- There have been cases of people who built careers around accurate personal visions of the future. (Sadly, you can’t say that they were wildly successful despite their foreknowledge.)
Meanwhile (to use a word that implies the existence of time—sorry about that) if we accept that there are reverse anachronisms from the present showing up in the past, then logic demands that things from the future can also show up. Of course logic also demands that they would be hard to spot. Or, that we would only gradually figure out what they were, as they came into synch with the evolving present.
And that would be a good description of the situation of the Antikythera Mechanism, which was considered a geared oddity when it was found on the seabed in 1901. We now realize that it was a complex mechanical computer—computers having become common currency since 1901. So it was a reverse anachronism from the future when it was found, and became a reverse anachronism from the present as time (that word again) unfolded.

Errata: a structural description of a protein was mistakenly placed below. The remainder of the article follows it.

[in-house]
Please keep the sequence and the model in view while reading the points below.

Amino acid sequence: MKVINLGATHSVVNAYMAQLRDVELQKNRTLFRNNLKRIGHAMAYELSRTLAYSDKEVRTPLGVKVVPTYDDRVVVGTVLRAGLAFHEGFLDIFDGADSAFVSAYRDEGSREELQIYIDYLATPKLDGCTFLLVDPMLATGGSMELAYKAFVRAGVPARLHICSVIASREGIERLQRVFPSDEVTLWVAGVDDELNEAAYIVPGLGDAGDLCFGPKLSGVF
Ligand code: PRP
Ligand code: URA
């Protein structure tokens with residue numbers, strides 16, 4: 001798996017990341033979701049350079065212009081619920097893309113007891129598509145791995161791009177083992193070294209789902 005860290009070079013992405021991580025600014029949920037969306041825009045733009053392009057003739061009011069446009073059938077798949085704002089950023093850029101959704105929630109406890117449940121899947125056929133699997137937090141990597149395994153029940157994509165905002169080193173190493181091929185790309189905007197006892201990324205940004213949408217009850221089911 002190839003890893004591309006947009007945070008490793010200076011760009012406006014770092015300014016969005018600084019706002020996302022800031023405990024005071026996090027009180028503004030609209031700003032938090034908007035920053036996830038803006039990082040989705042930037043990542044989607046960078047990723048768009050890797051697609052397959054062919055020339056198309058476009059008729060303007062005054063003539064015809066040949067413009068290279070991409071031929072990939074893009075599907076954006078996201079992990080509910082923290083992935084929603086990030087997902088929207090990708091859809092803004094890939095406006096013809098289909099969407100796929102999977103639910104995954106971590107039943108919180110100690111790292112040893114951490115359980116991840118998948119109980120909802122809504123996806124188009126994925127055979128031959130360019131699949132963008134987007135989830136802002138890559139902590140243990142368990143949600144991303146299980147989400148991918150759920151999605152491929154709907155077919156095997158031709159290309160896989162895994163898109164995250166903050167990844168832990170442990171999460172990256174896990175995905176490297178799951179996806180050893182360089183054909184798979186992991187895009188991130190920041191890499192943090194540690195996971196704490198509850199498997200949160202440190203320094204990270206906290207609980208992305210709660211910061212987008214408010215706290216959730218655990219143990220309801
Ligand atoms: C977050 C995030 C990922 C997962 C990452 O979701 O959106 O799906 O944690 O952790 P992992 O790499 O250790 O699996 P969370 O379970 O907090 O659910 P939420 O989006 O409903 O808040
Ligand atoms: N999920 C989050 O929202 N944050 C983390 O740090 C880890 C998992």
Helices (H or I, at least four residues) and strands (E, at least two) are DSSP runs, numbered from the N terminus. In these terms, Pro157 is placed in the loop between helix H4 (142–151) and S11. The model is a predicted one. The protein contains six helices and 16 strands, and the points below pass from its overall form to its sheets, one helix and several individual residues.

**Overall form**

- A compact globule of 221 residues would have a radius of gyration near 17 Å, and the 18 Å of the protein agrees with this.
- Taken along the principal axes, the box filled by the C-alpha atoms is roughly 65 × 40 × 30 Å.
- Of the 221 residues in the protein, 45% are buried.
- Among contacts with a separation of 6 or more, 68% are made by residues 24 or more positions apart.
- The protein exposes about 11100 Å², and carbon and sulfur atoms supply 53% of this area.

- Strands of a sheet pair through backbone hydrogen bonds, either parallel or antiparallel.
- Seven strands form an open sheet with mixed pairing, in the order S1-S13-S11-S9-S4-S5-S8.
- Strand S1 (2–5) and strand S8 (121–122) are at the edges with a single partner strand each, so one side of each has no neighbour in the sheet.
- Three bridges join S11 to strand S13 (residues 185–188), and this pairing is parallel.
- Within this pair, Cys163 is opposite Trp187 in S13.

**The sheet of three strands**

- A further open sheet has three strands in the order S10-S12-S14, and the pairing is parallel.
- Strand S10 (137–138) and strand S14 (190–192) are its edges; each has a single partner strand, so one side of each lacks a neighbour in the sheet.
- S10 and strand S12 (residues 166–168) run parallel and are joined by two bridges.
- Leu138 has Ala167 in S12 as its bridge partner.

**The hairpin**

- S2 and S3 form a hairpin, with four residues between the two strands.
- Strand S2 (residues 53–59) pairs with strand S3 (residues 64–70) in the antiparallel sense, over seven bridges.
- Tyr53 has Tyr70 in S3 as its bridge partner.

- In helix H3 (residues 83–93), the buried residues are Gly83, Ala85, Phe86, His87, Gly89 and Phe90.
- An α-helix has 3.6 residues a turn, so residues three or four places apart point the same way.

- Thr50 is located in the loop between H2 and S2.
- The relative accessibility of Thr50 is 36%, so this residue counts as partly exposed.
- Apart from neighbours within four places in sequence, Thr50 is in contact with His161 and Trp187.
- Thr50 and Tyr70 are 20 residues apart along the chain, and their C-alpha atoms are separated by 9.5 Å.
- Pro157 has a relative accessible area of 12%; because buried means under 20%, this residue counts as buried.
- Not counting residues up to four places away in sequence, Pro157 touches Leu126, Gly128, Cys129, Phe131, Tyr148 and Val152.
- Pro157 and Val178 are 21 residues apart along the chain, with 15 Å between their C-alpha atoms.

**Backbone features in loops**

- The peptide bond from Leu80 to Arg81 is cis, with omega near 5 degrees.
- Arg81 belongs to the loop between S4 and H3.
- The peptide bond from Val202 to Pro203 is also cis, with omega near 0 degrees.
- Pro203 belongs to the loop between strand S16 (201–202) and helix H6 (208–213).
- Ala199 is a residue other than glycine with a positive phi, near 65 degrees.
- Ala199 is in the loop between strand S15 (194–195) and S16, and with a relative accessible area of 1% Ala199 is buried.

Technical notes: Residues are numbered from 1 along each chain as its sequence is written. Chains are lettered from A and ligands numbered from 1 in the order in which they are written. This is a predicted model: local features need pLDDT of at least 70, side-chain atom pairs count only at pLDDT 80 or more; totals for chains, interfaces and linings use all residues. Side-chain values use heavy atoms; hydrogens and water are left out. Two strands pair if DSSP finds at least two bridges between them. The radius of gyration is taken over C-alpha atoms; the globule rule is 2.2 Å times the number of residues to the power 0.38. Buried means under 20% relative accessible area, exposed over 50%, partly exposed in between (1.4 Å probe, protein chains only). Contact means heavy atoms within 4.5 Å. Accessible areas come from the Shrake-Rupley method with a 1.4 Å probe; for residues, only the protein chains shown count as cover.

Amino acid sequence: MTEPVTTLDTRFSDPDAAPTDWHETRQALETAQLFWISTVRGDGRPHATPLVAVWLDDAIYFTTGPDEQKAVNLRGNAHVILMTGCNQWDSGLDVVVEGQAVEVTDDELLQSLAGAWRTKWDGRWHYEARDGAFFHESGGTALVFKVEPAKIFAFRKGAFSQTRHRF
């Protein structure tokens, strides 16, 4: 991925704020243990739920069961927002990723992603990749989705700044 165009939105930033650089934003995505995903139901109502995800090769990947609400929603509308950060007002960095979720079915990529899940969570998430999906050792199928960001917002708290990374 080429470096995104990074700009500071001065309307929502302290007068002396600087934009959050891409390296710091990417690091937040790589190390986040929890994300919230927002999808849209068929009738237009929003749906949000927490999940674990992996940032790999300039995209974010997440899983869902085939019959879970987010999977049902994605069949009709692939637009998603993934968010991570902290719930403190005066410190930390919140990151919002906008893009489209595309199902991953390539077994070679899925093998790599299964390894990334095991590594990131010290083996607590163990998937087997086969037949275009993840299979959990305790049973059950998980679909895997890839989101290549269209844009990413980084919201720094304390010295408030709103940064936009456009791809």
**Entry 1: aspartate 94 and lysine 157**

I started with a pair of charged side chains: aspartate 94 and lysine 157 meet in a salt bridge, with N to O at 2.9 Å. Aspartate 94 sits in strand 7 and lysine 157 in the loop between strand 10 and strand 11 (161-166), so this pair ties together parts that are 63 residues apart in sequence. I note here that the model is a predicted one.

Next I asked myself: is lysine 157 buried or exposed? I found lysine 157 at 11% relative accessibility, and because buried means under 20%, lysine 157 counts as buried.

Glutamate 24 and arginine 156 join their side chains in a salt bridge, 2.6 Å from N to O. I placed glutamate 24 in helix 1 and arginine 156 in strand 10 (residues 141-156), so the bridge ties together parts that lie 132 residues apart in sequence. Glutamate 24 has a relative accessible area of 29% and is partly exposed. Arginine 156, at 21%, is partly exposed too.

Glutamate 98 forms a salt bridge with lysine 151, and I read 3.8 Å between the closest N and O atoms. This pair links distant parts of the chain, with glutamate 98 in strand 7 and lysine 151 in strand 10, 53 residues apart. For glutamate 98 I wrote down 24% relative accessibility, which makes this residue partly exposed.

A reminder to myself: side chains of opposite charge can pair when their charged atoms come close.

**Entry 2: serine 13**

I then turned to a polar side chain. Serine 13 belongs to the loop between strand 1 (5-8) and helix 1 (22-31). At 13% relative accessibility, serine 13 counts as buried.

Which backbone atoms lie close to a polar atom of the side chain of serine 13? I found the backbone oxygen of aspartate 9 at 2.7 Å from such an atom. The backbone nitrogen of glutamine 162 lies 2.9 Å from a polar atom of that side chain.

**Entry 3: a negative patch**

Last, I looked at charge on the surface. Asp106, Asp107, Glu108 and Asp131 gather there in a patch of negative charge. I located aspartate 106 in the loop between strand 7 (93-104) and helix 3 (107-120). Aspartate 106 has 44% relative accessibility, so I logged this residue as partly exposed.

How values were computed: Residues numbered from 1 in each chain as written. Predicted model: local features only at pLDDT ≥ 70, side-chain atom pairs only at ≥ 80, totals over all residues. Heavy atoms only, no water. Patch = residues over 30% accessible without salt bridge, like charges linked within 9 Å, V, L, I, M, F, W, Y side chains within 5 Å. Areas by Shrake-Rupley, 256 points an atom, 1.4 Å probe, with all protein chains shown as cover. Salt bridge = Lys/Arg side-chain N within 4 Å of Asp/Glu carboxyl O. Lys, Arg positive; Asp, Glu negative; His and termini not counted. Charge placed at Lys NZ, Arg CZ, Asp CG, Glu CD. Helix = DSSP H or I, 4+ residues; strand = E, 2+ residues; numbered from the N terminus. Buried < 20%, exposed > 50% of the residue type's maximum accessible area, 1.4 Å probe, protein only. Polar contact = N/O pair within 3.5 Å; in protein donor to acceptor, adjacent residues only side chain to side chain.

So, are there reverse anachronisms from the future around us right now, which we are not equipped to identify? Of course, that’s hard to say, but there’s a book from the Middle Ages (the Voynich Manuscript) that is written in no known language, and an ancient building (the Parthenon in Athens) constructed with methods we can’t duplicate. Maybe someday we will be in a position to understand them.
Of course, if we are going to elevate reverse anachronisms into a serious field of study, we need to weed out cultural bias and artifacts of technological progress. These can look like reverse anachronisms, but really aren’t. The former involves seeing things that are not really there, based purely on our expectations. For instance, some people today see flying saucers in certain medieval and renaissance religious paintings. But artists and worshipers in the medieval and renaissance period probably saw no such thing—they saw religious symbols, whose meaning was standard then but largely forgotten today.